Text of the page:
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Volume 13, Issue 12, December 2001
 LETTERS


Theory of suspension segregation in partially filled horizontal rotating cylinders
View Description Hide DescriptionIt is shown that a suspension of particles in a partiallyfilled, horizontal, rotating cylinder is linearly unstable towards axial segregation and an undulation of the free surface at large enough particle concentrations. Relying on the shearinduced diffusion of particles, concentrationdependent viscosity, and the existence of a free surface, our theory provides an explanation of the experiments of Tirumkudulu et al. [Phys. Fluids 11, 507 (1999); 12, 1615 (2000)].

 ARTICLES


Electrohydrodynamically driven chaotic mixing in a translating drop
View Description Hide DescriptionWhen a liquid drop of given dielectric constant, resistivity and viscosity is translating in the presence of an electric field in a liquid of different dielectric constant, resistivity and viscosity, the resulting internal circulation is a superposition of the Hadamard–Rybcynski and Taylor (quadrapole) circulations. For sufficiently large field strengths, the quadrapole structure of the Taylor flow causes an internal stagnation disk to occur. When this flow field is modulated by an ac component of the electric field, at low Stokes numbers, the resulting Lagrangian particle trajectories can exhibit chaotic behavior. This Lagrangian chaos is examined via Poincaré maps and both the degree and rates of mixing are studied for a wide range of field strengths and modulation frequencies.

Dynamics of droplet rebound from a weakly deformable gas–liquid interface
View Description Hide DescriptionA droplet of radius moves with kinetic energy in an incompressible, continuum ambient gas and rebounds from an initially planar, weakly deformable interface bounding a halfspace of liquid. We study the rebound process in the limit where σ is the surface tension of the two liquid–gasinterfaces and is the density of the fluid comprising the drop and the planar halfspace. When viscous dissipation in both the ambient gas and in the drop is negligible, the flow inside the drop is inviscid and driven by the deformation of the near contact dimple region. The dimple region is approximated as a section of a sphere of radius Analysis of the motion induced in the liquid phase, coupled with a physically appropriate description of the interfaces, provides a theoretical description of the deformation and flow modes that ensue. Analytical predictions based on a singular perturbation analysis valid in the limit indicate that the time taken by the drop to complete a bounce is and the angular extent of the near contact region which undergoes strong deformation is The asymptotes are compared to numerical solutions to the full governing equations.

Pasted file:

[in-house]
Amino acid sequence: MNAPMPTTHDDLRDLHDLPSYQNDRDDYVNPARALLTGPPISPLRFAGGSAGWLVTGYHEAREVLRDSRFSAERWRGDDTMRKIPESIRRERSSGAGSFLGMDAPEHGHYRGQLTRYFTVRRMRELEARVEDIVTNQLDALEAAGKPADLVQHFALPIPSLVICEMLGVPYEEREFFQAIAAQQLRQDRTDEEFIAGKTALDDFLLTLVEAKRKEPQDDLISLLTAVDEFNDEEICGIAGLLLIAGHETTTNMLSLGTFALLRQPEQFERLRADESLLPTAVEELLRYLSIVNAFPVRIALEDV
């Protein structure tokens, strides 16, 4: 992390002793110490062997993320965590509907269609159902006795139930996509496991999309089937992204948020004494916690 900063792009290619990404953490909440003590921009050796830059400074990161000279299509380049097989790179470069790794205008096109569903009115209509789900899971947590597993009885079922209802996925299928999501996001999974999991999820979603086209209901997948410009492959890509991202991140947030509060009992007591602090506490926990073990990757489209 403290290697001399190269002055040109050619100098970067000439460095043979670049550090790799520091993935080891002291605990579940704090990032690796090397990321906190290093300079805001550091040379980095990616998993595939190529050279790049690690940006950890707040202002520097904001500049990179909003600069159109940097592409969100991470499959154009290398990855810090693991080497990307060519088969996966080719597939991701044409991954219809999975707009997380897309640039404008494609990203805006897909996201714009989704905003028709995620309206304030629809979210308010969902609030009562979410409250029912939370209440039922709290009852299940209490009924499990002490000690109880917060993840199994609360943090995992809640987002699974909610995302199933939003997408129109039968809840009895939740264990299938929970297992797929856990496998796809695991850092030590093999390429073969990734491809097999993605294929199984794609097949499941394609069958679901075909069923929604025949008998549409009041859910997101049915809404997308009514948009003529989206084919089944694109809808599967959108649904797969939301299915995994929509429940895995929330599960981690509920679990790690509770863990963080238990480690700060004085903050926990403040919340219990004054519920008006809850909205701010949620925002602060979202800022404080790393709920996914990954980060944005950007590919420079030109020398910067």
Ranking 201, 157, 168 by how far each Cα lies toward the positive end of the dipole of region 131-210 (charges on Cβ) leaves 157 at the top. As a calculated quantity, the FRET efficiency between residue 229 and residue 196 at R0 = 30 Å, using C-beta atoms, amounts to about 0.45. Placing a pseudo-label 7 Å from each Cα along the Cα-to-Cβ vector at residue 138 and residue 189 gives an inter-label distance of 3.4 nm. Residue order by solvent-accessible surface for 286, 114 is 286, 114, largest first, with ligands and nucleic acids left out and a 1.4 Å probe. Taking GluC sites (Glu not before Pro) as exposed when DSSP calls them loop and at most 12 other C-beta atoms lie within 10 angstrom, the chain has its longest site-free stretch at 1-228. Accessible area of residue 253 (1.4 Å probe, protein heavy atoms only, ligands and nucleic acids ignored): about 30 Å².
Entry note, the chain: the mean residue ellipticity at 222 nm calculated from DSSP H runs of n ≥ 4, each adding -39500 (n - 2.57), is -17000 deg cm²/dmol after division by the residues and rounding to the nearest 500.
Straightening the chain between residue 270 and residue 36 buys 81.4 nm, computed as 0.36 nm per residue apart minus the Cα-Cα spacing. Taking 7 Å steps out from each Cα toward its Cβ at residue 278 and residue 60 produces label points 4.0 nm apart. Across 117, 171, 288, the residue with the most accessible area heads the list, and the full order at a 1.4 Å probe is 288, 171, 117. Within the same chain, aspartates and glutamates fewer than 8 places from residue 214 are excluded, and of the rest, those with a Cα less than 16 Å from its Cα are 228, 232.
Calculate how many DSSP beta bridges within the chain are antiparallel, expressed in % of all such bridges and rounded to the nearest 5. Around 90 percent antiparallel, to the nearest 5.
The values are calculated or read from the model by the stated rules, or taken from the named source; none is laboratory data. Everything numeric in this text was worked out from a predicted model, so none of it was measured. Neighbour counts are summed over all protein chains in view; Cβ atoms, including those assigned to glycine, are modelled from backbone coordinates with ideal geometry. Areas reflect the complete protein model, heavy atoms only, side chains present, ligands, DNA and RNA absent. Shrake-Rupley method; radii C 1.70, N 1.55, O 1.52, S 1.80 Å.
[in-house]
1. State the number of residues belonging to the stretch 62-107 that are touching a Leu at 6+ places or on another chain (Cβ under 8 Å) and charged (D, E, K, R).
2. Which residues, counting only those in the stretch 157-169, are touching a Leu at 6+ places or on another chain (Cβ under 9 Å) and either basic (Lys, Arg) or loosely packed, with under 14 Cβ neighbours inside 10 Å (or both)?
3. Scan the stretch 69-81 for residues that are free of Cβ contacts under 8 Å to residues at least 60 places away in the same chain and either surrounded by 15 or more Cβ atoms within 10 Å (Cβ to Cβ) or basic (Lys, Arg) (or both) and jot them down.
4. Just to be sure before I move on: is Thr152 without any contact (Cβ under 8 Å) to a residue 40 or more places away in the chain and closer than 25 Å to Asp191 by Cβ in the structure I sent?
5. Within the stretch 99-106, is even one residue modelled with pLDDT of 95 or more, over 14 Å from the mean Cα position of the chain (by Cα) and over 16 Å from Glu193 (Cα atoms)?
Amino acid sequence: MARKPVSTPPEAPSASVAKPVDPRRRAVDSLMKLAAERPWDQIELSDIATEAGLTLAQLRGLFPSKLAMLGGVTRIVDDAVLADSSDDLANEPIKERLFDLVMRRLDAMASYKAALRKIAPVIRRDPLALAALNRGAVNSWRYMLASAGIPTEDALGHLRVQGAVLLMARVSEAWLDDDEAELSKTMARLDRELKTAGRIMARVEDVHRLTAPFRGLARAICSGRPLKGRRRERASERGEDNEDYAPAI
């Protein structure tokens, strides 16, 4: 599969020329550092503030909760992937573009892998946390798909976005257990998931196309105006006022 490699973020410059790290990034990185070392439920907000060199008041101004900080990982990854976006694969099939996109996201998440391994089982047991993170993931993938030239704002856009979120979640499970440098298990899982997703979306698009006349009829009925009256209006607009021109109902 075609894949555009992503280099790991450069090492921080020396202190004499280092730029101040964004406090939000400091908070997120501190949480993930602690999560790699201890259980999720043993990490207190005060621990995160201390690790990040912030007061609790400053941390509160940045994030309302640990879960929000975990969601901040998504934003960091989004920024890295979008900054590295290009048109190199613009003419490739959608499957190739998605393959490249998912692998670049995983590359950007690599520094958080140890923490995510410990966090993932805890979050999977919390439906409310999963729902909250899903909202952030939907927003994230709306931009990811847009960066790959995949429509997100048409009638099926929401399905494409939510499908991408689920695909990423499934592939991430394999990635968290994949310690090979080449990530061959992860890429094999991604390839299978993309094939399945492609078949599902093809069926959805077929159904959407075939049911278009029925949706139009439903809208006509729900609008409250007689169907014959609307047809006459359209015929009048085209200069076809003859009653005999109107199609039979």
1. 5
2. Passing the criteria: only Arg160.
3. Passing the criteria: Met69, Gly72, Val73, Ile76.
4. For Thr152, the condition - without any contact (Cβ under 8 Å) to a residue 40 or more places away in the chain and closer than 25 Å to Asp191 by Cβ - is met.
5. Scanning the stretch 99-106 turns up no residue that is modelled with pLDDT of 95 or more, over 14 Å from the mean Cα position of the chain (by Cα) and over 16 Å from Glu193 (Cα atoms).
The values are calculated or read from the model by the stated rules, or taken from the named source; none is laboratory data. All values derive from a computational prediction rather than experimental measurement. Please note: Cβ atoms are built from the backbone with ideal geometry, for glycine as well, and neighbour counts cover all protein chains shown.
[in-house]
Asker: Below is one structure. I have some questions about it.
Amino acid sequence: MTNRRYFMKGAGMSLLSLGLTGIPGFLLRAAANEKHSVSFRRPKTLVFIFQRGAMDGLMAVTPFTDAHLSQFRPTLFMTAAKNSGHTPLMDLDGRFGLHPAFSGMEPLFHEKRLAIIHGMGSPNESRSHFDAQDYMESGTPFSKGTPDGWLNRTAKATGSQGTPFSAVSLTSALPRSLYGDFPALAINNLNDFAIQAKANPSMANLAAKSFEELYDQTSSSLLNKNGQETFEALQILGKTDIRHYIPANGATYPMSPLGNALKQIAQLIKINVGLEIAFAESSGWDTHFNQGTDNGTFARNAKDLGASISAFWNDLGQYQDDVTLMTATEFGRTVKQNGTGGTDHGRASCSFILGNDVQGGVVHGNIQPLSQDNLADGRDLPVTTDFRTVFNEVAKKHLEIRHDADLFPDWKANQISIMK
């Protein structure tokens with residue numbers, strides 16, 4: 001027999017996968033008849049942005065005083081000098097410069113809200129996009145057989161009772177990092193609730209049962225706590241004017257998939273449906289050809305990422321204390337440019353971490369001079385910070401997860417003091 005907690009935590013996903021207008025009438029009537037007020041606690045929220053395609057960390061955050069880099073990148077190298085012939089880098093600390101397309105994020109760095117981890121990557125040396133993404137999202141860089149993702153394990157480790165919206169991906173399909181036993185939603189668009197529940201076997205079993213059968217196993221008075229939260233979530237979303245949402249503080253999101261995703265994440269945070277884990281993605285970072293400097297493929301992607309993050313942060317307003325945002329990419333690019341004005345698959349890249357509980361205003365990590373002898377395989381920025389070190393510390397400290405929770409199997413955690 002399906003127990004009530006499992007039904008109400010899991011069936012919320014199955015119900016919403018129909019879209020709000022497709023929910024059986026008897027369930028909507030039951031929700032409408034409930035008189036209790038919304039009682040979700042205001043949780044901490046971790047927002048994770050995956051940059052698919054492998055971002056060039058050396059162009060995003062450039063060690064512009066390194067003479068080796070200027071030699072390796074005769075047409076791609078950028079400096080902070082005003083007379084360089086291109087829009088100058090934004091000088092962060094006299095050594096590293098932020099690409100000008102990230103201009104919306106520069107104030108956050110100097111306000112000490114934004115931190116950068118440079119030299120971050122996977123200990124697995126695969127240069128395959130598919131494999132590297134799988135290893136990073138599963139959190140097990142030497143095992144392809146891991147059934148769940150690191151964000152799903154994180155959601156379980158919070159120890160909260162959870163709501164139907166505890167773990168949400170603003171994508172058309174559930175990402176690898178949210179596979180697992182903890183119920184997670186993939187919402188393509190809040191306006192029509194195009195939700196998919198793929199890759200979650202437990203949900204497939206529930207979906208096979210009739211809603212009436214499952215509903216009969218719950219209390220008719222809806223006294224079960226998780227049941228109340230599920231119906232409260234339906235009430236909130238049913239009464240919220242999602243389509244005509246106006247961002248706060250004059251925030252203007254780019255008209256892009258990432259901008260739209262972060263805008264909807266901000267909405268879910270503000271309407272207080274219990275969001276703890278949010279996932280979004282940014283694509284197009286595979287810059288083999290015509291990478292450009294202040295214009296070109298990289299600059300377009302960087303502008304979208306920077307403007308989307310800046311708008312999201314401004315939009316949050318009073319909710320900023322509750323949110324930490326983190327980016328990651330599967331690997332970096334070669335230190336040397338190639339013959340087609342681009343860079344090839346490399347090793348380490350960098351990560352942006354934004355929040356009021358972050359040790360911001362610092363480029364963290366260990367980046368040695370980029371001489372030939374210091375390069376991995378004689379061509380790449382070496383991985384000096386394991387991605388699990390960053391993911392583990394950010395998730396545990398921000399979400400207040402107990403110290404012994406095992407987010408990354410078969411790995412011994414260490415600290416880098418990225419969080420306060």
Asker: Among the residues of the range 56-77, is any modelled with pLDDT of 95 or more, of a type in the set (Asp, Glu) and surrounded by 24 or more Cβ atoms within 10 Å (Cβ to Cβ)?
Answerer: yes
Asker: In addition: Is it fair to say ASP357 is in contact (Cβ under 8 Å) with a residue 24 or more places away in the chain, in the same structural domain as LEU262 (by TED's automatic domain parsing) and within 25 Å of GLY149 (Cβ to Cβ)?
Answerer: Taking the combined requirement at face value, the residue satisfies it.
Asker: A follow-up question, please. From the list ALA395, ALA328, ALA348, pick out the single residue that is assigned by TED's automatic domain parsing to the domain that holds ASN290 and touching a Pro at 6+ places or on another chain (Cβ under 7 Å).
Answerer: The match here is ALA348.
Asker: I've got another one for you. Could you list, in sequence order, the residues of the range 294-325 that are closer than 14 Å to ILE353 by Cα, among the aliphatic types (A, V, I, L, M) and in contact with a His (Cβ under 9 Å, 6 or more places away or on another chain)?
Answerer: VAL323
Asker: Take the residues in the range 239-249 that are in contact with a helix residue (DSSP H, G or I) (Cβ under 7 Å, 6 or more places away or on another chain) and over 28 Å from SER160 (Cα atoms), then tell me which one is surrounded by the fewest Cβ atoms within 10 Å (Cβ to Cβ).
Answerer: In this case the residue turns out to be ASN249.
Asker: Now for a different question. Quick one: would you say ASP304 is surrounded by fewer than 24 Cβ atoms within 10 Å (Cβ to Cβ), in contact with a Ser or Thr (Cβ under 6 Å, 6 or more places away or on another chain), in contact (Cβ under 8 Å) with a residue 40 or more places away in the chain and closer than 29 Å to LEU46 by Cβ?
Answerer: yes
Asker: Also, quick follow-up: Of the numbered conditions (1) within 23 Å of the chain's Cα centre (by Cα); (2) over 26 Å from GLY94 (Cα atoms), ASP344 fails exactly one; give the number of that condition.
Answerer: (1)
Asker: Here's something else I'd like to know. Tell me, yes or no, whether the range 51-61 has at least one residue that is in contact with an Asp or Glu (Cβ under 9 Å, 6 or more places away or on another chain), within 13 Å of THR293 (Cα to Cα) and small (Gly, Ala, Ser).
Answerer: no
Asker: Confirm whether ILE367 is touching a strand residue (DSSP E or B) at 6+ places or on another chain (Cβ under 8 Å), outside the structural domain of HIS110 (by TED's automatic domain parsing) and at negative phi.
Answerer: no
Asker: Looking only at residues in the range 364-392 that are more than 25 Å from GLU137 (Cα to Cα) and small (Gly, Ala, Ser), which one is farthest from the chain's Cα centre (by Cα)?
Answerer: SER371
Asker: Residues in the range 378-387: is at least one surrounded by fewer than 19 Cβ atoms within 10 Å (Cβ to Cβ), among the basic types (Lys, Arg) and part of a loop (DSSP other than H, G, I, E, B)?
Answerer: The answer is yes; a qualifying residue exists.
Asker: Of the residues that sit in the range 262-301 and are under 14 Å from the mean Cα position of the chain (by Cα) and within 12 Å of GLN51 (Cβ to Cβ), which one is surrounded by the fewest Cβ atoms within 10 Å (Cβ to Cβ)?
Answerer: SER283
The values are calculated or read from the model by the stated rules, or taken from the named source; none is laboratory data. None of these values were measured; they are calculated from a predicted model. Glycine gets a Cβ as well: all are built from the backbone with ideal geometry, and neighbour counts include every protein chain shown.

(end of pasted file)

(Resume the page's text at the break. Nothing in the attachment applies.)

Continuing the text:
Testing for scaling behavior dependence on geometrical and fluid parameters in the two fluid drop snapoff problem
View Description Hide DescriptionWe present experimental results on the snapoff dynamics of a drop with viscosity λη dripping through a fluid of viscosity η. This paper focuses on the Stokes regime where both the inner and outer fluid viscous stresses are balanced by the pressure gradients arising from the interfacial curvature. We track the time dependence of the drop profiles near snapoff and find that successive profiles can be rescaled onto a single curve. We explore the dependence of this scaling on the nozzle diameter, surface tension, density mismatch, and viscosity ratio λ. We find that only λ affects the rescaled profile. Finally we investigate the dependence of the breaking rate on λ.

The surface energy of finite clusters of soap bubbles
View Description Hide DescriptionA simple derivation is presented of a general integral equation relating the surface energy of a free cluster of bubbles to the pressure excesses in the bubbles and a new differential equation for the change in energy in reversible transformations of a cluster is derived. It is shown that the integral equation has a simple geometrical interpretation. A general form of the equation is written which can be applied to wet clusters with finite Plateau borders. Other consequences of the energy equation are drawn.

Dynamics and rupture of planar electrified liquid sheets